• “Pitch Diameters Obtained with Diametral Pitch System.-The diametral pitch system is arranged to provide a series of standard tooth sizes, the principle being similar to the standardization of screw thread pitches. Inasmuch as there must be a whole number of teeth on each gear, the increase in pitch diameter per tooth varies according to the pitch. For example, the pitch diameter of a gear having, say, 20 teeth of 4 diametral pitch, will be 5 inches; 21 teeth, 5 1/4 inches; and so on, the increase in diameter for each additional tooth being equal to 1/4 inch for 4 diametral pitch. Similarly, for 2 diametral pitch the variations for successive numbers of teeth would equal 1/2 inch, and for 10 diametral pitch the variations would equal 1/10 inch, etc.” (Machinery's Handbook, 27th Edition by Industrial Press, p. 2034-5 secure PDF)
• select a Diametral Pitch, P. Must be a whole number like 1, 2, 3, 4,….
• “Since diametral pitch is used only with U.S. units, it is expressed as teeth per inch.” (Shigley's Mechanical Engineering Design, 8th, p. 656)
• Figure showing comparative sizes and shape of gear teeth. The higher the P the smaller the teeth
• “Spur gear design normally begins with selecting pitch diameters to suit the required speed ratio, center distance, and space limitations. The size of the teeth (the diametral pitch) depends on the gear speeds, gear materials, horsepower to be transmitted, and the selected tooth form.” (Technical Drawing with Engineering Graphics, 14th Ed by Giesecke, Mitchell, Spencer, Hill, Dygdon, Novak, & Lockhart, p. 653)
• “Diametral pitch is the ratio of the number of teeth to the number of inches in the pitch diameter in the plane of rotation, or the number of gear teeth to each inch of pitch diameter. Normal diametral pitch is the diametral pitch as calculated in the normal plane, or the diametral pitch divided by the cosine of the helix angle.” (Machinery's Handbook, 27th Edition by Industrial Press, p. 2030 secure PDF)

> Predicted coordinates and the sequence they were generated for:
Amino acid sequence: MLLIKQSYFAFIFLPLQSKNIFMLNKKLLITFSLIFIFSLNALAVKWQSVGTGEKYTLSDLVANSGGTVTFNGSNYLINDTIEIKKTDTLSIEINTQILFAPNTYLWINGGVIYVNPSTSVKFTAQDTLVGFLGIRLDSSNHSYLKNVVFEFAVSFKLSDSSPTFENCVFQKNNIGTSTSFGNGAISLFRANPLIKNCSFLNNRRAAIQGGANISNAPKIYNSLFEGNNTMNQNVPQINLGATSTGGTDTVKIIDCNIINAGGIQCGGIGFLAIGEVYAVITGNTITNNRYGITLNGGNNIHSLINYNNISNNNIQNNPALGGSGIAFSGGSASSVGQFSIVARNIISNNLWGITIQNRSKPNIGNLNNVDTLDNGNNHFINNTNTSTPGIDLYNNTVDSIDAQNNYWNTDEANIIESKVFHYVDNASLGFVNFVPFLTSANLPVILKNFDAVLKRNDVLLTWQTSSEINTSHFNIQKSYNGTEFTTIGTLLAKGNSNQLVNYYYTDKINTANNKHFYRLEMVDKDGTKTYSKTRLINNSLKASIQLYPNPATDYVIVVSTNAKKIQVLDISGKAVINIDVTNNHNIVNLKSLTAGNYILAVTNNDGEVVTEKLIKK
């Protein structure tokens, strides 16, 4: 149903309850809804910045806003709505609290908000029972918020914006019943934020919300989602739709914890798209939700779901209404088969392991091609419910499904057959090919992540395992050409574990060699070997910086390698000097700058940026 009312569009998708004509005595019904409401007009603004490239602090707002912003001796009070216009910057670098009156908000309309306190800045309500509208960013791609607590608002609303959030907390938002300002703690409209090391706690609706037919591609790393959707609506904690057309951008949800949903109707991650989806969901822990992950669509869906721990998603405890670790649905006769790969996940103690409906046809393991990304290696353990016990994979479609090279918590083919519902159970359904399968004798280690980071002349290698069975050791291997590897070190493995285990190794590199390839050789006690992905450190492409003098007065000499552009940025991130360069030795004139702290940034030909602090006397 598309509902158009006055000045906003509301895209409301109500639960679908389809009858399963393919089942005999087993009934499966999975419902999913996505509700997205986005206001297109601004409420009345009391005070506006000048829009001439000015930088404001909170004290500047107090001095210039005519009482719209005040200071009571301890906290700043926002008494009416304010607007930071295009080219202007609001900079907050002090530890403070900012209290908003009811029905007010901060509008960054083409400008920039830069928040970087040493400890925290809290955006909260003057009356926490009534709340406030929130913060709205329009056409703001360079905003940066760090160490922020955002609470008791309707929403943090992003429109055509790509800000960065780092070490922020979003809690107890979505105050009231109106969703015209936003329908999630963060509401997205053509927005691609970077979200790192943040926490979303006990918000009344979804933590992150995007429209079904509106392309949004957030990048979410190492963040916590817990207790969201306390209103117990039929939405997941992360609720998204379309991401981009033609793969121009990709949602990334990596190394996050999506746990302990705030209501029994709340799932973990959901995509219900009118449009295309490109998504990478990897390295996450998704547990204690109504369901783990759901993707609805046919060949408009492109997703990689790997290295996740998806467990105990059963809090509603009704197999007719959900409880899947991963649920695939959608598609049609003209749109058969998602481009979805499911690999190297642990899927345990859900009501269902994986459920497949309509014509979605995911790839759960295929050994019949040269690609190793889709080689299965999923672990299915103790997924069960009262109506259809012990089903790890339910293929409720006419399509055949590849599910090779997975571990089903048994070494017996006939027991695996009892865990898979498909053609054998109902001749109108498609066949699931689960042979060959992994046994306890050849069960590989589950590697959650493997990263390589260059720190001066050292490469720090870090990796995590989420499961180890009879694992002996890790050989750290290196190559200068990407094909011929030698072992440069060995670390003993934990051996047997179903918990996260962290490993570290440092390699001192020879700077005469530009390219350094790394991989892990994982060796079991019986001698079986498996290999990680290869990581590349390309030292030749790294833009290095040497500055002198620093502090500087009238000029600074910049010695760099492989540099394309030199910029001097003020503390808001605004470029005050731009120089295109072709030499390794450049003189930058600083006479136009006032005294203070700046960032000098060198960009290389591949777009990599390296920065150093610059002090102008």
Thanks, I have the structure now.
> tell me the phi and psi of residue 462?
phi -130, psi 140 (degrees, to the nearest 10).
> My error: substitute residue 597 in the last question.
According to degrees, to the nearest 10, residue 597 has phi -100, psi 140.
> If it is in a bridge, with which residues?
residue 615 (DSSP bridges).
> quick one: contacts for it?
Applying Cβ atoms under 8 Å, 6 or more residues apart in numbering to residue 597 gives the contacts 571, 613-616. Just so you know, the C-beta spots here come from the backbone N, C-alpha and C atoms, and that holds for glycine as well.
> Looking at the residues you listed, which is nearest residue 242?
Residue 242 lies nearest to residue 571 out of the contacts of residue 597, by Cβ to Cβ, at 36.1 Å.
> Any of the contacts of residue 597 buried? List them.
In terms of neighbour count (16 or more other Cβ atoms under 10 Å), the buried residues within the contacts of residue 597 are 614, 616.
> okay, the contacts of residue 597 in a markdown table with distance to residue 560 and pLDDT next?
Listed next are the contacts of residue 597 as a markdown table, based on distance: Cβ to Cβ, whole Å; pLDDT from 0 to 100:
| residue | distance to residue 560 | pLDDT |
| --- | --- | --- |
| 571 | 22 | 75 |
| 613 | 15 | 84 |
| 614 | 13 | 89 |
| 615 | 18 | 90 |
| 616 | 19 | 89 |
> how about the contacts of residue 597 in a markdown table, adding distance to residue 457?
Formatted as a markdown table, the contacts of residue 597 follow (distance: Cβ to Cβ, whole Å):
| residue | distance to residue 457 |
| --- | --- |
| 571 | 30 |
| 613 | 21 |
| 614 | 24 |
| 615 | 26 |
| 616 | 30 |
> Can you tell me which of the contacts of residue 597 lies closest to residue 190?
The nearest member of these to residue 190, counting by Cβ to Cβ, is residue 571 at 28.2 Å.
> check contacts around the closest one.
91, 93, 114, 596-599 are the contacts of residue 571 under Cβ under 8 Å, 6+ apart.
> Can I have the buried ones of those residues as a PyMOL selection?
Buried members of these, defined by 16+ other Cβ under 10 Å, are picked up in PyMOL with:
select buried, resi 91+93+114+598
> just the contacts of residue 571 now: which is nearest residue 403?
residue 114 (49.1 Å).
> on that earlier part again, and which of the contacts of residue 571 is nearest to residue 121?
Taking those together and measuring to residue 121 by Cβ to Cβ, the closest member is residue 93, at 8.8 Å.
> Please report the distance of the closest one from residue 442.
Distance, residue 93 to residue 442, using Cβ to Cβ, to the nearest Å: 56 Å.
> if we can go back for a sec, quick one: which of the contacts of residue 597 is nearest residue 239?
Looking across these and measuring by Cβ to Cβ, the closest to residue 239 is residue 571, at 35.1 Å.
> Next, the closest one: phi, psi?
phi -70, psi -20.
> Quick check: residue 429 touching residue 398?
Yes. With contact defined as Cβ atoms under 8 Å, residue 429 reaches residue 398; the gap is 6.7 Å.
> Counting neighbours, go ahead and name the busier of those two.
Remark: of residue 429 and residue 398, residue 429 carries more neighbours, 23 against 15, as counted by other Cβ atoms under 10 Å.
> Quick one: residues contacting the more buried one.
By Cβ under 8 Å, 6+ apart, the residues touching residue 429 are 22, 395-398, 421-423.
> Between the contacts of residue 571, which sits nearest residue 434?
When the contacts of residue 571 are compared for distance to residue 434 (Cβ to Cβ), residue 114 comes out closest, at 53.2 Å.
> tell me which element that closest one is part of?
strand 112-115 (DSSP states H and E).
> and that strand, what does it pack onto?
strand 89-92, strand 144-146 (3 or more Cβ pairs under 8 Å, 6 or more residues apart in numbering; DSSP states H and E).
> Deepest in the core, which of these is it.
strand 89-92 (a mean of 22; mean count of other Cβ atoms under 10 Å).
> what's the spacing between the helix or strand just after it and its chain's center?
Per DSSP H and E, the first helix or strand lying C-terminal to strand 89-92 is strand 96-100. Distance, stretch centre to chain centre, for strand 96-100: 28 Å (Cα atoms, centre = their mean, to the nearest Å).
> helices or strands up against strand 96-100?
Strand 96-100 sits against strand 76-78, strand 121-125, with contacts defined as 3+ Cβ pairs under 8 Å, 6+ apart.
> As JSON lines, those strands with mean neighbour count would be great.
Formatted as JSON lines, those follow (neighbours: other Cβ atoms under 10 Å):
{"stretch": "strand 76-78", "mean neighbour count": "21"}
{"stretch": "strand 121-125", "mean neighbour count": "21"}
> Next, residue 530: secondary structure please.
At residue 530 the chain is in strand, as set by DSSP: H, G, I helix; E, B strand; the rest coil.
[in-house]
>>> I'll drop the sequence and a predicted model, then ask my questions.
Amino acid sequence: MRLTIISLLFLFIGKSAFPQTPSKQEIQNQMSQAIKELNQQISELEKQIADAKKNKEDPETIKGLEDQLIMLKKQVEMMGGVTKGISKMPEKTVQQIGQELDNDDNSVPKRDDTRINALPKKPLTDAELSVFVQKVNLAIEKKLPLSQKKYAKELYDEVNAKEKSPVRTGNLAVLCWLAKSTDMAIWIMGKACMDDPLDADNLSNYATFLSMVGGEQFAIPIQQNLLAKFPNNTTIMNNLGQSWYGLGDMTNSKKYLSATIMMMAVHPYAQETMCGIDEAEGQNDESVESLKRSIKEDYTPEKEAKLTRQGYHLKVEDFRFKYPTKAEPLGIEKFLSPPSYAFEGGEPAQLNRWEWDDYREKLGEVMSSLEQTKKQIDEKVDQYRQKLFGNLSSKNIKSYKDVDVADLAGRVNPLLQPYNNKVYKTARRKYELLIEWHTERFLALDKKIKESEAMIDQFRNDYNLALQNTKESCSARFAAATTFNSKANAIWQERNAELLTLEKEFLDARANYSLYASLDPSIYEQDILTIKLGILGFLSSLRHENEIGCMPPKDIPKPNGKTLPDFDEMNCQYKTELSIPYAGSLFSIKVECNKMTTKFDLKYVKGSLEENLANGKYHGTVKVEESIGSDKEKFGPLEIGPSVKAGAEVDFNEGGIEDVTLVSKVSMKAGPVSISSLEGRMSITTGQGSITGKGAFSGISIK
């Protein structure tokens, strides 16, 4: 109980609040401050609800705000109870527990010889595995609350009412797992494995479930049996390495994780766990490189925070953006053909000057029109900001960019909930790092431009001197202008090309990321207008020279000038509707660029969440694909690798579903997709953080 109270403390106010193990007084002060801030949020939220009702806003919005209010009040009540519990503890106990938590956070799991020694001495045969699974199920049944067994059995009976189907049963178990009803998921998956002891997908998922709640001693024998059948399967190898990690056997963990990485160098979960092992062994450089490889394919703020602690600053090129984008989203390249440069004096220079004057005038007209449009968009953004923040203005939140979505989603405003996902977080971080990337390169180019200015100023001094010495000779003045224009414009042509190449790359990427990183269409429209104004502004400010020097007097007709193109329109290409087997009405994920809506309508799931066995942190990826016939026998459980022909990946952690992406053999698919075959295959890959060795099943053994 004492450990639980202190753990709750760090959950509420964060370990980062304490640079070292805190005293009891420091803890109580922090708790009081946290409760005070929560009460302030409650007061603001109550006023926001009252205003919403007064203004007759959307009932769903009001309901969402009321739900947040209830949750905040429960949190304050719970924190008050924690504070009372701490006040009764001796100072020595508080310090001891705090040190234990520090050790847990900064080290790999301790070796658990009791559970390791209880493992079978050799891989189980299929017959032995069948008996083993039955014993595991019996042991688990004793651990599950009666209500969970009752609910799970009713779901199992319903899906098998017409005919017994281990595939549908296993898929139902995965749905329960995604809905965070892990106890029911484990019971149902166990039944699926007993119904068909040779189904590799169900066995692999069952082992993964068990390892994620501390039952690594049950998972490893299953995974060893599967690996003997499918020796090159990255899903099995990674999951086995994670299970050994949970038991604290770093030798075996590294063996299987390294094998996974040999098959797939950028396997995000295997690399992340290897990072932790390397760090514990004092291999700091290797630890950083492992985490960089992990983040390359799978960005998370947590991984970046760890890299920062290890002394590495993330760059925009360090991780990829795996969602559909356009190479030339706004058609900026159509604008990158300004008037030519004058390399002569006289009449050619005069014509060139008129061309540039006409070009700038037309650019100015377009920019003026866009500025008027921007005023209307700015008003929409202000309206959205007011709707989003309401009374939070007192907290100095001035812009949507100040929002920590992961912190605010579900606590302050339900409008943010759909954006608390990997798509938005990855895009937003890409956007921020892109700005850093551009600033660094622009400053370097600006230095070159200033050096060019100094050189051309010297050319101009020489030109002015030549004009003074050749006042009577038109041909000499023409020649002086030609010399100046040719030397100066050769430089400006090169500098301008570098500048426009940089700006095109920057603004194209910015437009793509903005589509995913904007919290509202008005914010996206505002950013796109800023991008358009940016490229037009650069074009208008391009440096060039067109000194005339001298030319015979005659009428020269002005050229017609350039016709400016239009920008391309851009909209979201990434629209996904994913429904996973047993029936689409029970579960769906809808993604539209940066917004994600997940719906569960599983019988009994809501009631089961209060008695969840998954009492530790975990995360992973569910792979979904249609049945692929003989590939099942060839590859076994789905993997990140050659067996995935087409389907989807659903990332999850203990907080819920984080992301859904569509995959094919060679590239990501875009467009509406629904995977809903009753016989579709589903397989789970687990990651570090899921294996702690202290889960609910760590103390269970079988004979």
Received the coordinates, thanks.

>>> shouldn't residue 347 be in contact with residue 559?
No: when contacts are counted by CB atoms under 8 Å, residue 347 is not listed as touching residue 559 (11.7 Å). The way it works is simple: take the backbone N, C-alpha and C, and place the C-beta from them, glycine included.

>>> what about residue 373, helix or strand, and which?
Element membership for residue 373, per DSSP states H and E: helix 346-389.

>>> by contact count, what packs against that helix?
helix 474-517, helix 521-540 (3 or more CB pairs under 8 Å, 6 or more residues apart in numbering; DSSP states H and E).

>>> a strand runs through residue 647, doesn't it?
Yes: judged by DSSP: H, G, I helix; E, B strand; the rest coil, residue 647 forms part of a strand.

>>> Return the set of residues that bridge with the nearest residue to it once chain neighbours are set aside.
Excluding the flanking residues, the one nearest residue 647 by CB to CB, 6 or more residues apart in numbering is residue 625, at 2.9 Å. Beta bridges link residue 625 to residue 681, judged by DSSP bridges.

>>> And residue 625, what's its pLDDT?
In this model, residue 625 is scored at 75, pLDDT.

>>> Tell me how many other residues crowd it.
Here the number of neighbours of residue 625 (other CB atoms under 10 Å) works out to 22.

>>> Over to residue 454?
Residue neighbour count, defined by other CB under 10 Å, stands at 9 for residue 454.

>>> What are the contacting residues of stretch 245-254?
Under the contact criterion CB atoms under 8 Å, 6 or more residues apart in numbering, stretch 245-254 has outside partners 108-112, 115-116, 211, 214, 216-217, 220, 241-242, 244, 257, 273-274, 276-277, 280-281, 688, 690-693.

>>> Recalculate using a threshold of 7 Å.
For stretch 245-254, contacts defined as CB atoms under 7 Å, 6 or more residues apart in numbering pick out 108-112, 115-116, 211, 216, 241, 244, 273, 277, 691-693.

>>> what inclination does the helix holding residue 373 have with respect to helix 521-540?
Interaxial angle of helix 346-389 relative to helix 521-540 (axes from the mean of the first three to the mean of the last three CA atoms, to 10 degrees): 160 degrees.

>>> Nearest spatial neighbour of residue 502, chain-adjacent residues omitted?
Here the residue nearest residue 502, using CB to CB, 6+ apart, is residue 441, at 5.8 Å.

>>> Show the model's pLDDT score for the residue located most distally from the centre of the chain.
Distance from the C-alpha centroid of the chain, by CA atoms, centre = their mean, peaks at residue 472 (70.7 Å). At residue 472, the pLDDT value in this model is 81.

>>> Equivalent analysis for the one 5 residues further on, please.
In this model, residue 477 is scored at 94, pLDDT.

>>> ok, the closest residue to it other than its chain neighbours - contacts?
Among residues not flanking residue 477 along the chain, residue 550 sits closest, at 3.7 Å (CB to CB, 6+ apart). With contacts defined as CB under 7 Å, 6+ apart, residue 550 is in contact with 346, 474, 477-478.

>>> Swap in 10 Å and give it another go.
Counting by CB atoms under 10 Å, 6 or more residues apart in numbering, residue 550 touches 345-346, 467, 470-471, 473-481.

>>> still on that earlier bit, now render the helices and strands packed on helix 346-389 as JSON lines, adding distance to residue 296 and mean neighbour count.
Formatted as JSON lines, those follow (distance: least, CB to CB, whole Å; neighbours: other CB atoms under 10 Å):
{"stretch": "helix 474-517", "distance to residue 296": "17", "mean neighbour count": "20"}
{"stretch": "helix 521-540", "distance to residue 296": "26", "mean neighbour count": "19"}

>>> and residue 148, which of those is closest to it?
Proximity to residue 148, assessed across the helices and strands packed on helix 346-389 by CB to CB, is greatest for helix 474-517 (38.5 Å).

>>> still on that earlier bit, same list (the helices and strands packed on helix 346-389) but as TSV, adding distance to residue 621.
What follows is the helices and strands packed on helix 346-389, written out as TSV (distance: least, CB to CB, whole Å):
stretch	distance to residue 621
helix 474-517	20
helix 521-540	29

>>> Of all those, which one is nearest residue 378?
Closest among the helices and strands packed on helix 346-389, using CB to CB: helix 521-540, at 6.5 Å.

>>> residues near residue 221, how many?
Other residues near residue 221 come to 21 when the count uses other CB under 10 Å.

• “Diametral and Circular Pitch Systems.-Gear tooth system standards are established by specifying the tooth proportions of the basic rack. The diametral pitch system is applied to most of the gearing produced in the United States. If gear teeth are larger than about one diametral pitch, it is common practice to use the circular pitch system. The circular pitch system is also applied to cast gearing and it is commonly used in connection with the design and manufacture of worm gearing.” (Machinery's Handbook, 27th Edition by Industrial Press, p. 2034 secure PDF)
• Step 2 - select Number of Teeth, N
• Number of teeth must be a multiple of diametral pitch, P
• Number of teeth of large gear/wheel, NG. Say P = 4, then NG must be a multiple of 4 (i.e. 4, 8, 12, 16, 20,…). Lets use NG = 44.
• Number of teeth of small gear/pinion, NP. Also, NP must be a multiple of 4. Lets use NP = 24
• “The minimum number of teeth Nmin of standard proportion that may be cut without undercut is:
• Nmin = 2P csc2φ[aH- rt(1 - sinφ)]
• where aH = cutter addendum; rt = radius at cutter tip or corners
• φ = cutter pressure angle; and P = diametral pitch.
• (Machinery's Handbook, 27th Edition by Industrial Press, p. 2058 secure PDF)
• Step 3 - calculate gear ratio, mG
• “The teeth on mating gears must be of equal width and spacing, so the number of teeth on each gear, N, is directly proportional to its pitch diameter, or mG = NG / NP” (Technical Drawing with Engineering Graphics, 14th Ed by Giesecke, Mitchell, Spencer, Hill, Dygdon, Novak, & Lockhart, p. 648)